“This election is too important to sit on the sidelines, and I am thrilled to endorse Alvin Brown for Congress. His exemplary record of fighting for higher wages, a stronger education system for our kids, and more job opportunities for our servicemen and women proves what kind of representative he will be for the 5th District. As a military mom, I know that Alvin Brown will bring the voice and energy we need to address the serious issues facing Florida and our country,” King asserted.

Other endorsers rolled out in Wednesday’s wave include former Jacksonville Human Rights Commission Chair Mario Decunto, Duval County Black Caucus Chair Hazel Gillis, and former Northeast Florida United Way CEO Connie Hodges.

“As we begin our people empowerment campaign, I am honored to receive support from local leaders who have dedicated their lives to giving a voice to the voiceless. We have a long fight ahead of us when it comes to improving the quality of life for all Floridians, and in Congress, I will be on the frontlines as we take on that fight to improve the quality of life for all in the 5th Congressional District,” Brown asserted.

Brown is taking advantage of an as yet unlaunched re-election campaign by Lawson to score some news cycle wins.

He rolled out the endorsement of former Congressional Black Caucus Chair Emanuel Cleaver last week, and he also has messaged heavily on the incongruity of Lawson applauding President Donald Trump during the State of the Union.

Al Lawson applauds Donald Trump, gets hammered by Alvin Brown

A tough Democratic primary awaits Rep. Al Lawson in Florida’s 5th Congressional District against former Jacksonville Mayor Alvin Brown.

And the conservative Daily Caller website may have made it tougher Wednesday, by serving up a post lauding Lawson for applauding President Donald Trump during Tuesday evening’s State of the Union. (The SEO title, meanwhile, was the misleading “CBC Member Applauds Black Unemployment”).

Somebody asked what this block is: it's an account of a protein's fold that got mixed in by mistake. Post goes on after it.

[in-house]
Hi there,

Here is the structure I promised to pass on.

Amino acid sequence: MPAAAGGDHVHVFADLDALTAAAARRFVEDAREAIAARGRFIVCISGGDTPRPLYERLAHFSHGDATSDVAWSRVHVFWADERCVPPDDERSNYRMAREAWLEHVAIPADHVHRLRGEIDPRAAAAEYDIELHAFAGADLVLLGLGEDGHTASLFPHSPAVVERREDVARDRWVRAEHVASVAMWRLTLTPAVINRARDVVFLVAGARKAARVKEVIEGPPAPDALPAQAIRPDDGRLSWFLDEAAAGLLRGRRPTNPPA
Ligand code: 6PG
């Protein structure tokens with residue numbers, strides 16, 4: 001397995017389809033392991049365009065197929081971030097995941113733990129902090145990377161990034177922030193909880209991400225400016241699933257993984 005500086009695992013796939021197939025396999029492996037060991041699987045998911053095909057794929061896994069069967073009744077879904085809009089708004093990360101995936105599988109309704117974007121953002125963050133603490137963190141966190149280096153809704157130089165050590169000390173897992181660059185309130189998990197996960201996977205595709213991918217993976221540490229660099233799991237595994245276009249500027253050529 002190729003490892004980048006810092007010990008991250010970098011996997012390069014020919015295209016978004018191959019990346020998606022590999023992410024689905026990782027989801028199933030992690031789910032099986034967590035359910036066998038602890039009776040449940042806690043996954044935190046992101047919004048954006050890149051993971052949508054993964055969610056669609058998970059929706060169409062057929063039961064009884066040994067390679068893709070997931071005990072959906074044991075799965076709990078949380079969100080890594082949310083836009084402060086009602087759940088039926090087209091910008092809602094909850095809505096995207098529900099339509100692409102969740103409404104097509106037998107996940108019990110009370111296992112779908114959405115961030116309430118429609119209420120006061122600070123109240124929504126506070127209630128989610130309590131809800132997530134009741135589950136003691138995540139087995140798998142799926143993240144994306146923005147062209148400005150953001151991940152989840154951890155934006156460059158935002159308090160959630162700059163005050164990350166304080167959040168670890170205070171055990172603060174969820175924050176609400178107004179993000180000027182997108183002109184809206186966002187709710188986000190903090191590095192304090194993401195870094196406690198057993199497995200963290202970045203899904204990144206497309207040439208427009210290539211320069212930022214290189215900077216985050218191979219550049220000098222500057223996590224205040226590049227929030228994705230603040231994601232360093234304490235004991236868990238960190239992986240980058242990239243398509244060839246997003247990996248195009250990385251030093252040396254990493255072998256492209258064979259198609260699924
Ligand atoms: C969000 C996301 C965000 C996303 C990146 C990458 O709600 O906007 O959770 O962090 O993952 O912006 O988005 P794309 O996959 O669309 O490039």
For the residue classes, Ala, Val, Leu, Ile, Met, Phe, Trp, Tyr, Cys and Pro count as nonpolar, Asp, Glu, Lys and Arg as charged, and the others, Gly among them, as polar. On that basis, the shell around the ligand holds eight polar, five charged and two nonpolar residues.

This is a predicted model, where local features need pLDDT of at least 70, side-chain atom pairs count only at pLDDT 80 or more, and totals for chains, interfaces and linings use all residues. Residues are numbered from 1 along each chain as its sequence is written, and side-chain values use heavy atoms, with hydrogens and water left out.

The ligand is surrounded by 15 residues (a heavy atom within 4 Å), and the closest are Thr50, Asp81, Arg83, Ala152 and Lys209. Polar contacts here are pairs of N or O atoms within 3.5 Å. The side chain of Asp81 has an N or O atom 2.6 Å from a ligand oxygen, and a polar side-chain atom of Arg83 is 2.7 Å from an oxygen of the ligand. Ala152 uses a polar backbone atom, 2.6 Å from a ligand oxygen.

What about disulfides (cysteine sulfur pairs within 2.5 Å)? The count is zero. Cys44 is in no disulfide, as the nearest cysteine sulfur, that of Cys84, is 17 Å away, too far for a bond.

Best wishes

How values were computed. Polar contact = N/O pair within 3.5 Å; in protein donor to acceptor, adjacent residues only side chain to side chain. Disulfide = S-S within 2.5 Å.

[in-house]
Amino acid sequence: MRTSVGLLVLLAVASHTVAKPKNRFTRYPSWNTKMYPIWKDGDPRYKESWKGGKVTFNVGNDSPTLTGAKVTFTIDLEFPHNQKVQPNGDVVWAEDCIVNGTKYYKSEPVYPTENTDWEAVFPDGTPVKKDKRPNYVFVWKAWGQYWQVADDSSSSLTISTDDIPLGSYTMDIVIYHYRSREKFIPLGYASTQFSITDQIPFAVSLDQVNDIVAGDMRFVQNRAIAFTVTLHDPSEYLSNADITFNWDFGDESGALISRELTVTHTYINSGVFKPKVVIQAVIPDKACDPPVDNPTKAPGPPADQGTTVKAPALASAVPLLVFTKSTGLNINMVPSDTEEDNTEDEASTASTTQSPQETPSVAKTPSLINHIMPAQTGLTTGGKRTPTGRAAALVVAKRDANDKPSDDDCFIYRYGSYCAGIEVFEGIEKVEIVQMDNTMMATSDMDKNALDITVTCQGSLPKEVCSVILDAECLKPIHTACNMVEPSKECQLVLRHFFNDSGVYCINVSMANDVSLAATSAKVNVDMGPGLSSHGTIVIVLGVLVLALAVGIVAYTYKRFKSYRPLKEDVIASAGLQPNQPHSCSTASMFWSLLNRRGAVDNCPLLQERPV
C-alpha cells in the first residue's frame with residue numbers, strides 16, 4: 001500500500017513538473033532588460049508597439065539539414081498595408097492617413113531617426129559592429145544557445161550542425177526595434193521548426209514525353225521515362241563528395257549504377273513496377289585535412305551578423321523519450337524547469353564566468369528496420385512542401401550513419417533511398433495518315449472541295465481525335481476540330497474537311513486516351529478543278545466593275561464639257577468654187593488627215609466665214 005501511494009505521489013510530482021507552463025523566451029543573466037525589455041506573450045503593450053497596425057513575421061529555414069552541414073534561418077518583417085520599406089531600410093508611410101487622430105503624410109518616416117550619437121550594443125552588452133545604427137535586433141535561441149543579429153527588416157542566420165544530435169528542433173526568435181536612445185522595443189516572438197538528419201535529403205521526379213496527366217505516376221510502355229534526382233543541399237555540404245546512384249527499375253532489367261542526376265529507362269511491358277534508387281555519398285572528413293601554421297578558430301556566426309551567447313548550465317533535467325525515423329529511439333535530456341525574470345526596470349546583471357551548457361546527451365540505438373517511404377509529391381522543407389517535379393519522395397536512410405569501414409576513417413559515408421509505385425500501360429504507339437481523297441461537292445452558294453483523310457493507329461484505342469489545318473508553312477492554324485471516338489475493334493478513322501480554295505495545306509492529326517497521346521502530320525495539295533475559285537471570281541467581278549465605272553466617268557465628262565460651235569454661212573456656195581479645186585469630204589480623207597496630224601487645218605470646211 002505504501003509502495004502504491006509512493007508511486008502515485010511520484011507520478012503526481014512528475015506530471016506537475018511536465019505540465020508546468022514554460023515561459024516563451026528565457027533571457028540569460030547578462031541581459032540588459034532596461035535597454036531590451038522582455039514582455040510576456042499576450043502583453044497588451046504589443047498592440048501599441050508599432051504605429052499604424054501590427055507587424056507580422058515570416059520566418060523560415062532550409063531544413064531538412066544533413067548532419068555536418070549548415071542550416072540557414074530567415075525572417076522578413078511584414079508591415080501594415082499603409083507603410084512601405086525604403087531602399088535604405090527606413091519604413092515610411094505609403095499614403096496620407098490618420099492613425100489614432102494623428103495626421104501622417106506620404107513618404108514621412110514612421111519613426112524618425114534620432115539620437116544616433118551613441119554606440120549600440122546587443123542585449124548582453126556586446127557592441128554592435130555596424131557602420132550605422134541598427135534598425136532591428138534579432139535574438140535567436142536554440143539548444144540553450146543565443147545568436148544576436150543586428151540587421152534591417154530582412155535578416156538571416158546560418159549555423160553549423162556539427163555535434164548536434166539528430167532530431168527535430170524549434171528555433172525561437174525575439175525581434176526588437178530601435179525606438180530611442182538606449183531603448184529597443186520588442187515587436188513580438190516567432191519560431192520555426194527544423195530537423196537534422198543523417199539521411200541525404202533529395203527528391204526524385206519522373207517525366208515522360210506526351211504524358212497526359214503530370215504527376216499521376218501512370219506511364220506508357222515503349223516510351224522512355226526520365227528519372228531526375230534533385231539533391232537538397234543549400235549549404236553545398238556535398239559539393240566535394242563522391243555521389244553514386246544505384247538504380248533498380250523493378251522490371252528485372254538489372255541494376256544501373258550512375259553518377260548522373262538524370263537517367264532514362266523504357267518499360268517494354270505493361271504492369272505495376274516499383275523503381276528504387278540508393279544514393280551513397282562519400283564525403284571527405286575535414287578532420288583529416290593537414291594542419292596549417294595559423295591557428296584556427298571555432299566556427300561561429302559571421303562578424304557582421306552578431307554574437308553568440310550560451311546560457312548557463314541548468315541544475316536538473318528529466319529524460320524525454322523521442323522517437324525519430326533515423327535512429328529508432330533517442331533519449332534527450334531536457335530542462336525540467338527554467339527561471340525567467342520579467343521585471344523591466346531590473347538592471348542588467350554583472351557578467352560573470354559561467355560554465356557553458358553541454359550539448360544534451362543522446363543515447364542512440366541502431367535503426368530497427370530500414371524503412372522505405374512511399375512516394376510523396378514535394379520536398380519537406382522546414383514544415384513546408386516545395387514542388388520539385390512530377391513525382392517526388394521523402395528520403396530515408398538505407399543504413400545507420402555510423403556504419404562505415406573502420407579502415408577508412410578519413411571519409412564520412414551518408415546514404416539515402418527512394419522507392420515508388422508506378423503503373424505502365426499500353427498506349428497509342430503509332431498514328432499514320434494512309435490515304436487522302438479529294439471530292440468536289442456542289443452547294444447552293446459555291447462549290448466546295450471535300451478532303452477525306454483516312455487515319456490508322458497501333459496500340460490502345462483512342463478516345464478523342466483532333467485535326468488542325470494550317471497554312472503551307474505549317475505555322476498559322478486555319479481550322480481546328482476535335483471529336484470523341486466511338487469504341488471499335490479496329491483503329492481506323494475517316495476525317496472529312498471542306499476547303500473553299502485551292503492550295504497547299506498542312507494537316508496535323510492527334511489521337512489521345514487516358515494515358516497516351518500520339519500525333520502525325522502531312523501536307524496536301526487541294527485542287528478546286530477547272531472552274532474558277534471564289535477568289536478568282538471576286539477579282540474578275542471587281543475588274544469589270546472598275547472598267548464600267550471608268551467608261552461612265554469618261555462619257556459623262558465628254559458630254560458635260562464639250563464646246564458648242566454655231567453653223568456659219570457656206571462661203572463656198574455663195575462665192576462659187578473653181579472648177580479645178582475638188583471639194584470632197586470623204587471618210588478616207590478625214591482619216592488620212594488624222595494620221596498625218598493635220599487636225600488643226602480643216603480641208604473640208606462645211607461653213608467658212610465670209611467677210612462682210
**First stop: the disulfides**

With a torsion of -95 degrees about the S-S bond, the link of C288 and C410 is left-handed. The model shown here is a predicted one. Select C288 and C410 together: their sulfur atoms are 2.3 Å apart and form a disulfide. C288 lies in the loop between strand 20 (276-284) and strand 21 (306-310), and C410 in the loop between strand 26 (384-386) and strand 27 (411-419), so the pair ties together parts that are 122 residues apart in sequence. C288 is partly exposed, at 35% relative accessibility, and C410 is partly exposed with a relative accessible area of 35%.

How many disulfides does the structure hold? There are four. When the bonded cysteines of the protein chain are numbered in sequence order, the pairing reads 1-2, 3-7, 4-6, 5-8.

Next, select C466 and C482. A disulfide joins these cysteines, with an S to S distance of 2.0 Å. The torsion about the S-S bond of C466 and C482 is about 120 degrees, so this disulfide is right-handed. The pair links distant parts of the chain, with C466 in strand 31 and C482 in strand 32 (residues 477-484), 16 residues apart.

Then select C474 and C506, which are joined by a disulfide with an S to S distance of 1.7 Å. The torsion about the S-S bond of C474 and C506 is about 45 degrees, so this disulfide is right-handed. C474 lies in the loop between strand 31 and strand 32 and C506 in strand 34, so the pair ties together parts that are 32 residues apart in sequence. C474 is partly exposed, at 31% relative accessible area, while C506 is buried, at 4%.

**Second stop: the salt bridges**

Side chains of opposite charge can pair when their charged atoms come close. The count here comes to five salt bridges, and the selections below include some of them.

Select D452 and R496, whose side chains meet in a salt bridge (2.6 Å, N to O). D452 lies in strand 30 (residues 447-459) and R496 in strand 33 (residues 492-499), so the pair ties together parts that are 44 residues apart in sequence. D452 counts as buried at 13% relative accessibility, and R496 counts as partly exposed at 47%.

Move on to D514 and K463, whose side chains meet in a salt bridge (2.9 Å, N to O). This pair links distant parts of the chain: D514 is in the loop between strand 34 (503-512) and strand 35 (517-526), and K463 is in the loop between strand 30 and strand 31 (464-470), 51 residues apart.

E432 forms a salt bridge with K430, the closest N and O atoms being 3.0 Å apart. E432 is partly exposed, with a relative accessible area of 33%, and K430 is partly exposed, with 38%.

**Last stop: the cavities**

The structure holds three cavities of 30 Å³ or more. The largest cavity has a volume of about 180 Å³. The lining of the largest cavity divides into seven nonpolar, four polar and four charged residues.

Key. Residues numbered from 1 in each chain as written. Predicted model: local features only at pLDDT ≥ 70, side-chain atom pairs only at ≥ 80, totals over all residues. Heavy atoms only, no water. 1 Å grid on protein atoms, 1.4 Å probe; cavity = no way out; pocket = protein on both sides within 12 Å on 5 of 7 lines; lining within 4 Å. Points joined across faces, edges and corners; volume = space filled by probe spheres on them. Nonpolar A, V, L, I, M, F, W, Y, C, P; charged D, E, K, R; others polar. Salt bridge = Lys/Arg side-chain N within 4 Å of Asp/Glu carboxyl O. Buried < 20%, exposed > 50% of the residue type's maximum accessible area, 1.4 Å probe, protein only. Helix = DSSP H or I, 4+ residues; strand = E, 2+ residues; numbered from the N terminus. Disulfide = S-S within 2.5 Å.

The article, entitled “Only one member of the Congressional Black Caucus applauded low black unemployment,” noted that Lawson “was seen clapping for Trump’s comments about the success of the economy, specifically African-American unemployment, as cameras immediately turned to the group during his speech. Other members of the CBC refused to stand or applaud his comments on the low unemployment claims for African-Americans since he has taken office.”

As Trump said “African-American unemployment stands at the lowest rate ever recorded,” cameras panned the crowd, focusing on CBC members.

Lawson was alone applauding, though he did not give a standing ovation as Republicans did.

Lawson has asserted that he is in sync with his CBC colleagues; however, a point of evidence to the contrary emerged on Wednesday when former CBC Chair Emanuel Cleaver endorsed Alvin Brown.

Brown fired back with a response to the Daily Caller article Wednesday.

“It is deeply troubling that Al Lawson claps for the Trump agenda in Washington as people back home struggle to make ends meet. While the black jobless rate is at its lowest levels following President Obama’s years of hard work, there remains more to be done,” the former Jacksonville Mayor said.

“Black unemployment remains nearly twice as high as the white jobless rate, as does the black poverty rate, and unlike Rep. Lawson who apparently is content with this alternate reality, I am committed to fighting for economic security and opportunity for all in our community in Congress,” Brown continued.

Lawson prides himself on his willingness to work across the aisle; it remains to be seen if that is a priority of primary voters in 2018.